ARC number: 1
(Technical Id number: 1)
|Author(s): ||Lisdorf, Anders|
|Title: ||Acting as a Way of Thinking|
|Category: ||conference paper|
|Length (pages): |
|Keywords: ||ritual; divination; embodied cognition; performance|
|Abstract: || Performance is a central factor in religions around the world, especially religious ritual. This has been duly noted in anthropological treatments. The basic question which has baffled anthropologists, is why perform at all? Why not just say it? The traditional textual paradigm has answered it with a focus on the meaning or “utterances” produced in ritual, thus reducing ritual to just another “code” among others that express a symbolic meaning derived from the cultural system. This does not explain why it should be performed, since it is just another way of speaking.
I would like to suggest that part of the explanatory gap of why rituals are performed as opposed to read or spoken, can be filled by realising that ritual performance also achieves cognitive effects, that could not have been achieved through mere talking. This will be done by considering the case of the most obviously information-procesing type of ritual : divinatory ritual, whose main function is to produce knowledge of what is hidden. By integrating the new insights it can hopefully shed new light on the performative processes involved in religious ritual.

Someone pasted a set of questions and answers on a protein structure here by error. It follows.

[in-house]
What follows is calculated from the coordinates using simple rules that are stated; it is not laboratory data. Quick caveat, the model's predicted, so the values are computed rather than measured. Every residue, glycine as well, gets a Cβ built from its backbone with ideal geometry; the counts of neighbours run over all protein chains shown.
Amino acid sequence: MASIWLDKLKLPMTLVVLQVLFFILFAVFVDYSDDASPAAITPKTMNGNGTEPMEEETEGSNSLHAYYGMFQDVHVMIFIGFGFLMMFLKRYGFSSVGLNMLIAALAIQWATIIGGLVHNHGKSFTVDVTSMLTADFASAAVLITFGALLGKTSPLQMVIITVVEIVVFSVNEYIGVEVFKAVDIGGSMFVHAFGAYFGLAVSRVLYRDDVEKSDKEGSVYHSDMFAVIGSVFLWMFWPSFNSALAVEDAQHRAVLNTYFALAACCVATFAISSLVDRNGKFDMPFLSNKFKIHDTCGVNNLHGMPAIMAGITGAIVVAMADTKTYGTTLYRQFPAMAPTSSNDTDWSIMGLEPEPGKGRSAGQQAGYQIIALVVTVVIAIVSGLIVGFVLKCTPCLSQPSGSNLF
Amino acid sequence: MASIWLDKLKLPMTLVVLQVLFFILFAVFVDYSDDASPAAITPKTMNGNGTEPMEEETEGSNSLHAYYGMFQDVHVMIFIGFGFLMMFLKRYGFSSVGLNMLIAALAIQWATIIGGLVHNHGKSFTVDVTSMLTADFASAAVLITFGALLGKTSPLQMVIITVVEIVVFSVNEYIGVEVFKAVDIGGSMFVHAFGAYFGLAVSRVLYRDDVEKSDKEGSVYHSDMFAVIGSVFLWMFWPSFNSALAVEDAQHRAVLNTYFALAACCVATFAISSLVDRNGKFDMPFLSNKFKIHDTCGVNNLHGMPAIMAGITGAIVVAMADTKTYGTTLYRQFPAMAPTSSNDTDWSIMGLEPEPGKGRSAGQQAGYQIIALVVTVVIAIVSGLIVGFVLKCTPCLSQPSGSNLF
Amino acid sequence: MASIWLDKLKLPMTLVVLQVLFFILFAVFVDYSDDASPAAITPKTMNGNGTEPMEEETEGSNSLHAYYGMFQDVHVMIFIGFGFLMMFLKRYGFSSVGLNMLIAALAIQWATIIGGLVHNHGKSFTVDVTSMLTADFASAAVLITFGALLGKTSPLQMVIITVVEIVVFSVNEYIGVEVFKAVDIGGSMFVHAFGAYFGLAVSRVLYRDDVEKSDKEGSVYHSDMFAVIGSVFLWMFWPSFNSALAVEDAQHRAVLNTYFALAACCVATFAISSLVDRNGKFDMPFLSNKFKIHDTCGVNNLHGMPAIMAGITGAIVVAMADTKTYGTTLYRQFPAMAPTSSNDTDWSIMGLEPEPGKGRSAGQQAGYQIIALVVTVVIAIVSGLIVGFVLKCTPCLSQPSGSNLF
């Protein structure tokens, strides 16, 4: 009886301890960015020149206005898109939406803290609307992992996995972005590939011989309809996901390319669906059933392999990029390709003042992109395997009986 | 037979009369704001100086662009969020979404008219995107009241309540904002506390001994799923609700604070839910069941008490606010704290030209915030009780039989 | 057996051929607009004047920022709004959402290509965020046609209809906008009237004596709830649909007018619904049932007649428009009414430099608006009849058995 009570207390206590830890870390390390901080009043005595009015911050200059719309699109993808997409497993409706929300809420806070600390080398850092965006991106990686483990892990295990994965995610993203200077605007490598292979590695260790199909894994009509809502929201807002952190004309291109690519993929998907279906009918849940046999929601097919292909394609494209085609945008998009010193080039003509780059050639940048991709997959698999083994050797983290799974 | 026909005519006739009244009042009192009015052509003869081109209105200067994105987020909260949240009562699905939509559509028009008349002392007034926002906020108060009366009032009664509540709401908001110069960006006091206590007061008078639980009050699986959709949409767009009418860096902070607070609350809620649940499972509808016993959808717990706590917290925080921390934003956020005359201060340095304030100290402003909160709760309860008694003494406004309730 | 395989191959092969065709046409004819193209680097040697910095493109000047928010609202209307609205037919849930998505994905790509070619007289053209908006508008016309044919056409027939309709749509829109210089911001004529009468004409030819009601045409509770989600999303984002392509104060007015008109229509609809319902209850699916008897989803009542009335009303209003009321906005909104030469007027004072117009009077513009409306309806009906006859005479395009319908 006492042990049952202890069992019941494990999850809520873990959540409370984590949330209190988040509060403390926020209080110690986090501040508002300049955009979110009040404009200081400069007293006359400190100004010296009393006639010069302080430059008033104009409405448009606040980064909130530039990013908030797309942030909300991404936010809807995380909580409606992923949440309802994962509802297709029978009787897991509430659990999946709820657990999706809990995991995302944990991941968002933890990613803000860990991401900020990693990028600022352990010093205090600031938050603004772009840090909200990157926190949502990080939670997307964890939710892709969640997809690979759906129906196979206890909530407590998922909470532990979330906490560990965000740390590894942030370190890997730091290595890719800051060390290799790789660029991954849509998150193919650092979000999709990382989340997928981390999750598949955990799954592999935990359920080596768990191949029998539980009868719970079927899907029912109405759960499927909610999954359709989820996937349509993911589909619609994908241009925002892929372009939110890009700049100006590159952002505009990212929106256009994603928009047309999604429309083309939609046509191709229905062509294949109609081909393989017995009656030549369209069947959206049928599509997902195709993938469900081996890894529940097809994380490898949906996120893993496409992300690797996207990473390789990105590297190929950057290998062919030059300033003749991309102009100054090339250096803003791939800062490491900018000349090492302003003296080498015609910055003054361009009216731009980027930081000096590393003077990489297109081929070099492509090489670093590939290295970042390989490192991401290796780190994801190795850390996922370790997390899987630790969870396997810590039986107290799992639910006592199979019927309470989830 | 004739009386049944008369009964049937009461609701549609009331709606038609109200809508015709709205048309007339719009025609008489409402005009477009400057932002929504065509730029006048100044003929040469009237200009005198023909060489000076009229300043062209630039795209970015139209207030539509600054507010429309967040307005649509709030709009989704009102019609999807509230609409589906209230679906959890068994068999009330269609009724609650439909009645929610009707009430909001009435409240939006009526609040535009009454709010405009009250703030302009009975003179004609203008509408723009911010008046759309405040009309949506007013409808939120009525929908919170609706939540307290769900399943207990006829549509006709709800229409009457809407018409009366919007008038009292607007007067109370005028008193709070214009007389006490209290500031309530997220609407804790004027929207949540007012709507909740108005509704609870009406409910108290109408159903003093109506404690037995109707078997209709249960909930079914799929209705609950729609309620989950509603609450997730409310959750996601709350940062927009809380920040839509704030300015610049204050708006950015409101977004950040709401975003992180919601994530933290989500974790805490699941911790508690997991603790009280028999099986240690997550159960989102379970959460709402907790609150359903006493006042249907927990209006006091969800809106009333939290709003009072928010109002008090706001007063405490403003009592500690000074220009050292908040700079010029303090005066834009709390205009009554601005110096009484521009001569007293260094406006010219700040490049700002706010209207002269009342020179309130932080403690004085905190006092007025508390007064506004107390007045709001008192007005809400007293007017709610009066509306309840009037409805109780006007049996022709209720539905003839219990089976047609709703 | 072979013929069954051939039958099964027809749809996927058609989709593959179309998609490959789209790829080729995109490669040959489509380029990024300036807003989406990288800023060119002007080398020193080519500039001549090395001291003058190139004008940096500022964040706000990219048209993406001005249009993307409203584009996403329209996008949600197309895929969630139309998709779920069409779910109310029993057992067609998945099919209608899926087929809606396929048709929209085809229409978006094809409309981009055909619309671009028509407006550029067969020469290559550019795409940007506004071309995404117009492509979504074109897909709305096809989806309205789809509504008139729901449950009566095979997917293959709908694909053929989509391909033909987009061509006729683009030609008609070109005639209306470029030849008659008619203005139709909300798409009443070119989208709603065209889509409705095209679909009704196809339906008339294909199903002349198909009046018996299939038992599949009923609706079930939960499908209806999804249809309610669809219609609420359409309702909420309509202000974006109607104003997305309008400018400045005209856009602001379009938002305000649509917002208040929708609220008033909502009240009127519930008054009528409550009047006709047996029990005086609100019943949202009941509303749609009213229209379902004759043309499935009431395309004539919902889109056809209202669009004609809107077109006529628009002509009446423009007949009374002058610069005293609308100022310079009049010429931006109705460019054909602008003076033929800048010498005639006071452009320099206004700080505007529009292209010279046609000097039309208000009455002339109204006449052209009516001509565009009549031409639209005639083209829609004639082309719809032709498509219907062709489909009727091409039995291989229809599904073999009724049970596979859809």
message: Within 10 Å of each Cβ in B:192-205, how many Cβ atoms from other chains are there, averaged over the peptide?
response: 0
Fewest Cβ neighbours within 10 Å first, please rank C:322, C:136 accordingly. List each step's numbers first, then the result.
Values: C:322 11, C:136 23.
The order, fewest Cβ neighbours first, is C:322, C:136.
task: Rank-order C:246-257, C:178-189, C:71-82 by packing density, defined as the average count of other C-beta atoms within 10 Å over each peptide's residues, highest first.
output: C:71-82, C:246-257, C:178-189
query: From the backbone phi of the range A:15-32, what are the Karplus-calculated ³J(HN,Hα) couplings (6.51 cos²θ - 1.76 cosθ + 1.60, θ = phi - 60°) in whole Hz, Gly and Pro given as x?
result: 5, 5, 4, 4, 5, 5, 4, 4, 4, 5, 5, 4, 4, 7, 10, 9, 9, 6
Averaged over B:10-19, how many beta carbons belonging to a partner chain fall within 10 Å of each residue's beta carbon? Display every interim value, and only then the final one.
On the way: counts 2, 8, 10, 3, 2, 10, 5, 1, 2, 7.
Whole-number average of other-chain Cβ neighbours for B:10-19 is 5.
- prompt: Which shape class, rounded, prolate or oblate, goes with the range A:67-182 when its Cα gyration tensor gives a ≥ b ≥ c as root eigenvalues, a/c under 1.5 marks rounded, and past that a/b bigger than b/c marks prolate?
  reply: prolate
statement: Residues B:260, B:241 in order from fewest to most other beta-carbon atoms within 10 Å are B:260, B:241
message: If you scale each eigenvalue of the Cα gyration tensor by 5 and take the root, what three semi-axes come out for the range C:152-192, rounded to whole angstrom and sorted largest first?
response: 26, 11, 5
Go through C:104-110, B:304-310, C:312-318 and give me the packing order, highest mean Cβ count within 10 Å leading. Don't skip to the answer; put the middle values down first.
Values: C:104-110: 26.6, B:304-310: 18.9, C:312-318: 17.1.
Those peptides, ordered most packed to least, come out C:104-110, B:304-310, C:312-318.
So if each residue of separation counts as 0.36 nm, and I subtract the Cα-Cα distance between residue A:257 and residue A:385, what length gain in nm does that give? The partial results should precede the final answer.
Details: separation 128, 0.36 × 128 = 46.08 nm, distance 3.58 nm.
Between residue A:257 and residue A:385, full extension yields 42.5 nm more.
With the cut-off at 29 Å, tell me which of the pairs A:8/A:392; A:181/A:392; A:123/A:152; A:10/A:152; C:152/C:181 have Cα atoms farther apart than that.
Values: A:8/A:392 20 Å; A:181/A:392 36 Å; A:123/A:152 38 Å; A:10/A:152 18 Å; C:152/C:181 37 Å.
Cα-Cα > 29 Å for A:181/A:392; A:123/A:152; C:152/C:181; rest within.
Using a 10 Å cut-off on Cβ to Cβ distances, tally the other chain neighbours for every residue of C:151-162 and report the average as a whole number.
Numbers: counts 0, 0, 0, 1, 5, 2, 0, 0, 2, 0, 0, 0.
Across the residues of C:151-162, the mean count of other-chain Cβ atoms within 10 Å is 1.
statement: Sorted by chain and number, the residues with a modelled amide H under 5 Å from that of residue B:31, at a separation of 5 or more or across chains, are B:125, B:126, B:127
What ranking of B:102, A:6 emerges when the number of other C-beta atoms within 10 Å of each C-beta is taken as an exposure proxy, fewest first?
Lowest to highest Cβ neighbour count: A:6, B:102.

|Remarks: ||Conjectural paper read to art-historians, so don't look for too much hardcore science|
|Email: ||andersl @ hum.ku.dk|
|Downloadable files: ||ARC-1-Acting as a way of thinking.doc|
|Submitted:||02/10/2006 20:56:57 (DD / MM / YYYY)|
|Published:||05/10/2006 15:31:33 (DD / MM / YYYY)|